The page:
AUGUSTA — In otherwise-mundane newsletters to constituents, at least four Republican state senators used the same wording to make a claim about education spending that Democrats say is not true.

Each of the four wrote in his or her taxpayer-funded mailing, “We made the largest one-time investment in education in the state’s history, putting the state’s share of funding for local public schools at 55 percent, a threshold that had eluded lawmakers for decades.”

Nobody disputes that the state’s school funding level has not yet hit 55 percent — it is somewhere between 49 and 53 percent, depending on how it is counted — but there was a period when some lawmakers thought they would set aside enough to reach the 55 percent target in the fiscal year that begins Oct. 1.

It turns out, though, they will not, for a variety of complicated reasons.

For Democrats, that makes the claim by Amy Volk of Scarborough, Scott Cyrway of Benton, David Woodsome of Waterboro and Dana Dow of Waldoboro dishonest.

Republicans see it differently.

James Cyr, communications director for Republicans in the Senate President’s Office, said the reality is “we are funding public education at unprecedented levels, which is fantastic.”

“There have always been competing views” of what is necessary to reach the 55 percent requirement set by voters in a 2004 referendum, he said.

“Bickering back and forth over whether it’s currently 55 percent versus 53 (percent) misses the point,” Cyr said.

For BJ McCollister, executive director of the Senate Democratic Campaign Committee, the accuracy of the 55 percent figure is very much the point.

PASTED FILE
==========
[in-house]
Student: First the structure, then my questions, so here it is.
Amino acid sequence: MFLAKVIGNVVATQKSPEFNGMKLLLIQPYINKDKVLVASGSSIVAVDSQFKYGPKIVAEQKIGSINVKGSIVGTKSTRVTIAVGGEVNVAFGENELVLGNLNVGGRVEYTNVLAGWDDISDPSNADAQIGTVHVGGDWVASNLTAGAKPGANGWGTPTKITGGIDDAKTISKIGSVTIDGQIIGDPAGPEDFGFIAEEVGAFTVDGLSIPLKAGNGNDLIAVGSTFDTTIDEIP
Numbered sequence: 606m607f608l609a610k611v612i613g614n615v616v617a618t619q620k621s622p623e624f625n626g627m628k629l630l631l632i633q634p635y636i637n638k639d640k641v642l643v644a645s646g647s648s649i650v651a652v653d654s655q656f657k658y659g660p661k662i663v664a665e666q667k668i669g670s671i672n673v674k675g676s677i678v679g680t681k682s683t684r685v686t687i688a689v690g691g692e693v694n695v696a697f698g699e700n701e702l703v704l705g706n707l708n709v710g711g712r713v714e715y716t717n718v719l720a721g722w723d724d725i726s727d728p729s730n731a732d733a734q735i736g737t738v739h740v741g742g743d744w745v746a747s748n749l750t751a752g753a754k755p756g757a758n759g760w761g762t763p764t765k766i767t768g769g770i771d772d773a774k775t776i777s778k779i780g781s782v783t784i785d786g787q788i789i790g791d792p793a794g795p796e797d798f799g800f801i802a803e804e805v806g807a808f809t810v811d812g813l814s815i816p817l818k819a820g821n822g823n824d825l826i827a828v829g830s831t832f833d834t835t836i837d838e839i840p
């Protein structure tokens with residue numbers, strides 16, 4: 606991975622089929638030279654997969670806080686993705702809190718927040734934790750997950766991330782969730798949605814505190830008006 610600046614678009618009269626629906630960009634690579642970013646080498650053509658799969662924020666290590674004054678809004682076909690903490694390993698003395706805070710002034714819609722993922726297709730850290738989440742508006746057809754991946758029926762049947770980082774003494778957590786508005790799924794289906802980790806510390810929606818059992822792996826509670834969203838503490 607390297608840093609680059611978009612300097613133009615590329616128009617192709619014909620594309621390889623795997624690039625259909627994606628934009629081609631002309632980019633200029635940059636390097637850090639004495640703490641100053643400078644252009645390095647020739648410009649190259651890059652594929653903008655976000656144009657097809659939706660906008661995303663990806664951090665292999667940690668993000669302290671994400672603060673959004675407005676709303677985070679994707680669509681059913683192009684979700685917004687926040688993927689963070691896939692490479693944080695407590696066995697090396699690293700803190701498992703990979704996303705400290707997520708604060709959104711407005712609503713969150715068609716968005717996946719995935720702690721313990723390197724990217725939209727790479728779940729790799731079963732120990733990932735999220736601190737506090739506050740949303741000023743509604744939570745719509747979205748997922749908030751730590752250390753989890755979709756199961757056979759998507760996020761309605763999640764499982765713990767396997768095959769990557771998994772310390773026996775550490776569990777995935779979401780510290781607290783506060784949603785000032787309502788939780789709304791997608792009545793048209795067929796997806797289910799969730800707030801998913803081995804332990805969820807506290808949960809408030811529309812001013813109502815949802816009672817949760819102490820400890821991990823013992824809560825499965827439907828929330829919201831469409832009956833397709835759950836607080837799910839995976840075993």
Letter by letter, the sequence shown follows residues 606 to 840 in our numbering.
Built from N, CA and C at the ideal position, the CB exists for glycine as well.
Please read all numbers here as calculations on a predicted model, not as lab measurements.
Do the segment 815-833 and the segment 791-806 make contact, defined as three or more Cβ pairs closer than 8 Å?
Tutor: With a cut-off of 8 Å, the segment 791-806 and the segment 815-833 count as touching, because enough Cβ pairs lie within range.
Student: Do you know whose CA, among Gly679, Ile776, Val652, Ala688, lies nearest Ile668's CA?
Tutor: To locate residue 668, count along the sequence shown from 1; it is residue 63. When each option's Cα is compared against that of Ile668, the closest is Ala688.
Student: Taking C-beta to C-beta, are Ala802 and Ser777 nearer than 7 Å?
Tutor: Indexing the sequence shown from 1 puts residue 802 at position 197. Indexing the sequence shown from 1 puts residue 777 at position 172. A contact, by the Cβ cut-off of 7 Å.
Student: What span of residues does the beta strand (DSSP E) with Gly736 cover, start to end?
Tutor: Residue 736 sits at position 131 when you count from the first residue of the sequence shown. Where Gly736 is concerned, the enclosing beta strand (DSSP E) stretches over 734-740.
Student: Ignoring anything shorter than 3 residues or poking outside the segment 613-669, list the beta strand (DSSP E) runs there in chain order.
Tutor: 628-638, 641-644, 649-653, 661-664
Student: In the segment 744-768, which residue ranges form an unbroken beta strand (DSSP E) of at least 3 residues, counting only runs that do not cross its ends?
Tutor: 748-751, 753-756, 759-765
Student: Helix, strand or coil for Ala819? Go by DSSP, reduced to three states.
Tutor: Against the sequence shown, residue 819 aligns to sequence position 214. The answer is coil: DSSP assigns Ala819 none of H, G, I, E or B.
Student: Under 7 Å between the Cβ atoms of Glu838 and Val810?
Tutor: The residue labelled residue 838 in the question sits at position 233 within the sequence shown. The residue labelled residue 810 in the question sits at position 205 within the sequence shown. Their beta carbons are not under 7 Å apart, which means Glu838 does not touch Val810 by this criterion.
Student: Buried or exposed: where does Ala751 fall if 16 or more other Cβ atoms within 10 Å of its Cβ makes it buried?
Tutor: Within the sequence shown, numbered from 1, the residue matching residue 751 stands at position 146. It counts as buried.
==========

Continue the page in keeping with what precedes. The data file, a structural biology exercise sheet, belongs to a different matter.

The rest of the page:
“One thing is abundantly clear: Sens. Volk, Cyrway and Dow voted to cut taxes for the rich and underfund our schools, and now, with nine weeks until the election, they are using taxpayer dollars to lie to voters,” McCollister said.

Cyrway said he would never call someone a liar and does not think it is warranted.

“It’s all a viewpoint,” he said, adding that lawmakers from both sides compromised on education-funding levels, and that when they were first adopted, it appeared the 55 percent target was going to be reached.

The bottom line in the state budget is that the level of local education aid, not counting teacher retirement contributions, is at 49 percent of the total cost.

Add in the retirement cash and it reaches 53 percent — about $43 million shy of the target the GOP lawmakers needed to reach the 55 percent requirement they said they met.

Cyr said the Legislature “did, indeed, reach the 55 percent threshold after making the largest one-time increase in public education funding in state history.”

“As is the case with so many budgetary issues, however, education funding is often a moving target and dependent on numerous other factors,” Cyr added.

The figure has been a target since Maine voters approved a 2004 referendum directing the state to pay 55 percent of local school costs.

Officials nudged school spending toward the goal at first, but once the recession of 2008 roared in, they have fallen well short, partly because they cannot agree on how to secure the necessary cash to reach the target.

Voters in 2016 approved a 3 percent surcharge on annual household incomes over $200,000 to raise the additional revenue needed for the state to reach the mandate that the state cover 55 percent of K-12 education in Maine.

But legislators, led by Gov. Paul LePage, killed the surcharge in 2017, and, instead, added additional education funding from other sources. But not enough to hit the 55 percent level.